The increased humidity levels allow seedlings to take water in through the leaves while their root systems are developing.
- Humidity levels can be lowered by 5% each week (acceptable range: 40-70%)
- Temperatures may be increased slightly if desired.
- Temperatures with lights
on:71-82 F° (lights off:8-9 F° lower)
As the roots are now more developed, they’re able to perform most of the needed water uptake with evaporation through the leaves now cooling the plants.
- Humidity levels need to be lowered to 40-50%
- IMPORTANT– Never above 60% humidity!
- Temperatures with lights
68-79 F° (avoid high temperatures) on:
Late flowering (1-2 weeks before harvest)
While not strictly a necessity, the following can have a direct impact on yield, flavor
- Bring down humidity levels as much as you can: 30-40%
- Lower daytime temperatures, and also increase the temperature difference (day/night)
- Temperatures with lights
on:64-75 F° (lights off:minus 9-18 F°)
Adjusting Humidity Levels and Temperature
Depending on your lighting solution, season a specific crop is grown in (assuming year-around production), the outdoor air vented in (as it will vary in temperature and its own relative humidity), controlling temperature and humidity in your growing space will be one of the tougher challenges you will face on a day-to-day basis.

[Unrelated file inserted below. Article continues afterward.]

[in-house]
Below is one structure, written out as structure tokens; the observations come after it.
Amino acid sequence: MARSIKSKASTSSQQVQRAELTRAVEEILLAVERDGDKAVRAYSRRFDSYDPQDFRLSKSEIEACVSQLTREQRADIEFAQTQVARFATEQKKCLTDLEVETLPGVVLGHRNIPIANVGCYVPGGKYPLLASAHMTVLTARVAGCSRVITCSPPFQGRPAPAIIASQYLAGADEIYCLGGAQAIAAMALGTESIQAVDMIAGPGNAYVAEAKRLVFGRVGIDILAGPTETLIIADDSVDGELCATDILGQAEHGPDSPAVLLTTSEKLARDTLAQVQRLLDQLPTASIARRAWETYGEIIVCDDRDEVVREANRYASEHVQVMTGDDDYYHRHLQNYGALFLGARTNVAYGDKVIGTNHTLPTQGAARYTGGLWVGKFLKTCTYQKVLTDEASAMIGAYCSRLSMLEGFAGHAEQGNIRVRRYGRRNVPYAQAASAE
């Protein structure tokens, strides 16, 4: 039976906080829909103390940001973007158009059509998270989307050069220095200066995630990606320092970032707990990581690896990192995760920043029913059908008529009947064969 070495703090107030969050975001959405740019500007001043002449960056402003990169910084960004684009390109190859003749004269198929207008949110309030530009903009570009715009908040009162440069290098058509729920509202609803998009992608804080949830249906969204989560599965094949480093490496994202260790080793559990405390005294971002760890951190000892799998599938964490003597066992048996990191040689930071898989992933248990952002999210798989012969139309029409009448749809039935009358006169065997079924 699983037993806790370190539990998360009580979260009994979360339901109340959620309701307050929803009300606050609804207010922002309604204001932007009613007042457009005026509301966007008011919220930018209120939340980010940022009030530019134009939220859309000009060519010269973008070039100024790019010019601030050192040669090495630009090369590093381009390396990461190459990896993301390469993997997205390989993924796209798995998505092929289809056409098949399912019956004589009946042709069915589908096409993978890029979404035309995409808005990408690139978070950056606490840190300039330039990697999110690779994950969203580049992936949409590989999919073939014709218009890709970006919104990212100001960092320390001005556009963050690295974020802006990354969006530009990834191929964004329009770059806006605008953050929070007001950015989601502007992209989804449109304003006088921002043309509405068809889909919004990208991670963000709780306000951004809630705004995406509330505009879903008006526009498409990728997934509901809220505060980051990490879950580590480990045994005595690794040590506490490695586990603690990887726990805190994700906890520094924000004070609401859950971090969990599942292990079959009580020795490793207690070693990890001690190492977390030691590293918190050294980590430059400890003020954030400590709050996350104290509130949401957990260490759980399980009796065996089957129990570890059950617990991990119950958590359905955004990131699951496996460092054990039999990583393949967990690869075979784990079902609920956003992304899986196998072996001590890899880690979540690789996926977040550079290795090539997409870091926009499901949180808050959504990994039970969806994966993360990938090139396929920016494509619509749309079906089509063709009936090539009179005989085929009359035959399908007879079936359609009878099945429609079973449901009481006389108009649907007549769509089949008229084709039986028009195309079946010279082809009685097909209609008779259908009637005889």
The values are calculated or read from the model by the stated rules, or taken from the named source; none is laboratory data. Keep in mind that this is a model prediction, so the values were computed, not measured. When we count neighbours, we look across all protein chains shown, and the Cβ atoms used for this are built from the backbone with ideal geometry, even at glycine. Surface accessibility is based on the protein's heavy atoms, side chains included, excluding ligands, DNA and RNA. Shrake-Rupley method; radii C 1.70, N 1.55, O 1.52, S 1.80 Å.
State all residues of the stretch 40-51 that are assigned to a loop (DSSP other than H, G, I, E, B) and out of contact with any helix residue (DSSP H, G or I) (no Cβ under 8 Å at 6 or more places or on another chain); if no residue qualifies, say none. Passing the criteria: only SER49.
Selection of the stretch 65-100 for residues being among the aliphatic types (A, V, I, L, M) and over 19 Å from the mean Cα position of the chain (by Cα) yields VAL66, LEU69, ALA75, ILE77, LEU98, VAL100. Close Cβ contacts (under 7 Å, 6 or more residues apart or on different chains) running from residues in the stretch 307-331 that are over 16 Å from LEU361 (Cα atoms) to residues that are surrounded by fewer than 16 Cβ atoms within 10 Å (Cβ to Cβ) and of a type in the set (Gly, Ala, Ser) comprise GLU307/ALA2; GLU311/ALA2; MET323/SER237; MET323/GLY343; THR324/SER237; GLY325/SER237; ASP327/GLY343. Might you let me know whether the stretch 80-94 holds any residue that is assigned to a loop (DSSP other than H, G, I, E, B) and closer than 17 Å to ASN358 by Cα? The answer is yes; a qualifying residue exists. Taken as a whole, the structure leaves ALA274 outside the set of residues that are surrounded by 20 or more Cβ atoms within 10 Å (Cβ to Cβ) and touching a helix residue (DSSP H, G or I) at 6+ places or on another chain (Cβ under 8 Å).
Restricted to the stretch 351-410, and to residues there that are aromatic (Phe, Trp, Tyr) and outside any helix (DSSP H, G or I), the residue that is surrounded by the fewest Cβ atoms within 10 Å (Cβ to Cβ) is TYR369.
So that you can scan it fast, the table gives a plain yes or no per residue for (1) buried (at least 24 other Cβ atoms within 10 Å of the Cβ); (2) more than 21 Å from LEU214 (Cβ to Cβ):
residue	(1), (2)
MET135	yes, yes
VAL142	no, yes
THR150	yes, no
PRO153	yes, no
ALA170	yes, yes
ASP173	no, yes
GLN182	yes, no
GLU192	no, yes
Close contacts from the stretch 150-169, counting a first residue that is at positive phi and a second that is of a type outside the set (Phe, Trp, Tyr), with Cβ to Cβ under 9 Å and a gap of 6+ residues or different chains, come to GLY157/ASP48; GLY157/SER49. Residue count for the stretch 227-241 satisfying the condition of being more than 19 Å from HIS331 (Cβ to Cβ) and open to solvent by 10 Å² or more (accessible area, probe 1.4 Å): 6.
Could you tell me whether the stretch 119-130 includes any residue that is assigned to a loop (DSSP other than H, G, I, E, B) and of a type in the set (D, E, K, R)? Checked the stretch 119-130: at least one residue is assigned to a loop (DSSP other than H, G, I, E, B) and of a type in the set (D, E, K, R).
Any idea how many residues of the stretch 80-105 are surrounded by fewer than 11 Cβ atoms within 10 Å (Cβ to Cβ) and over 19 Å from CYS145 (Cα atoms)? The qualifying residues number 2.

While it’s tough, just know that every grower working at a scale similar to you is going through this as well.
Ways to Lower Humidity
- Run your existing tube vent on higher velocities or upgrade your
air flowfans. This applies to both air exits in tents and the room it is placed in! Increase fresh/cool air supply.
- Try to water your plants right after lights are switched on. The room will be cooler at that time and the immediate absorption will result in less overall humidity.
- The most consistent option will be: Invest in a decent sized dehumidifier–small humidifiers don’t have large enough tanks to keep up with the demand.
Ways to Lower Temperatures
- Increase the total airflow and air exchange in your growing room
- A simple trick: “lights off” during the day -- “lights on” at night
- When you grow with
High PressureSodium lights (HPS), consider using a cool tube
- Install an air conditioning unit (AC’s will also lower humidity levels)
- You can temporarily increase humidity levels by misting with a spray bottle
- Keep the surface of the soil moist, but not wet
- Hang wet towels/cloths in your grow room or put open water containers in it
- The most consistent option will be: Invest in a humidifier with a large water reservoir (the need for constant refills makes smaller ones inefficient)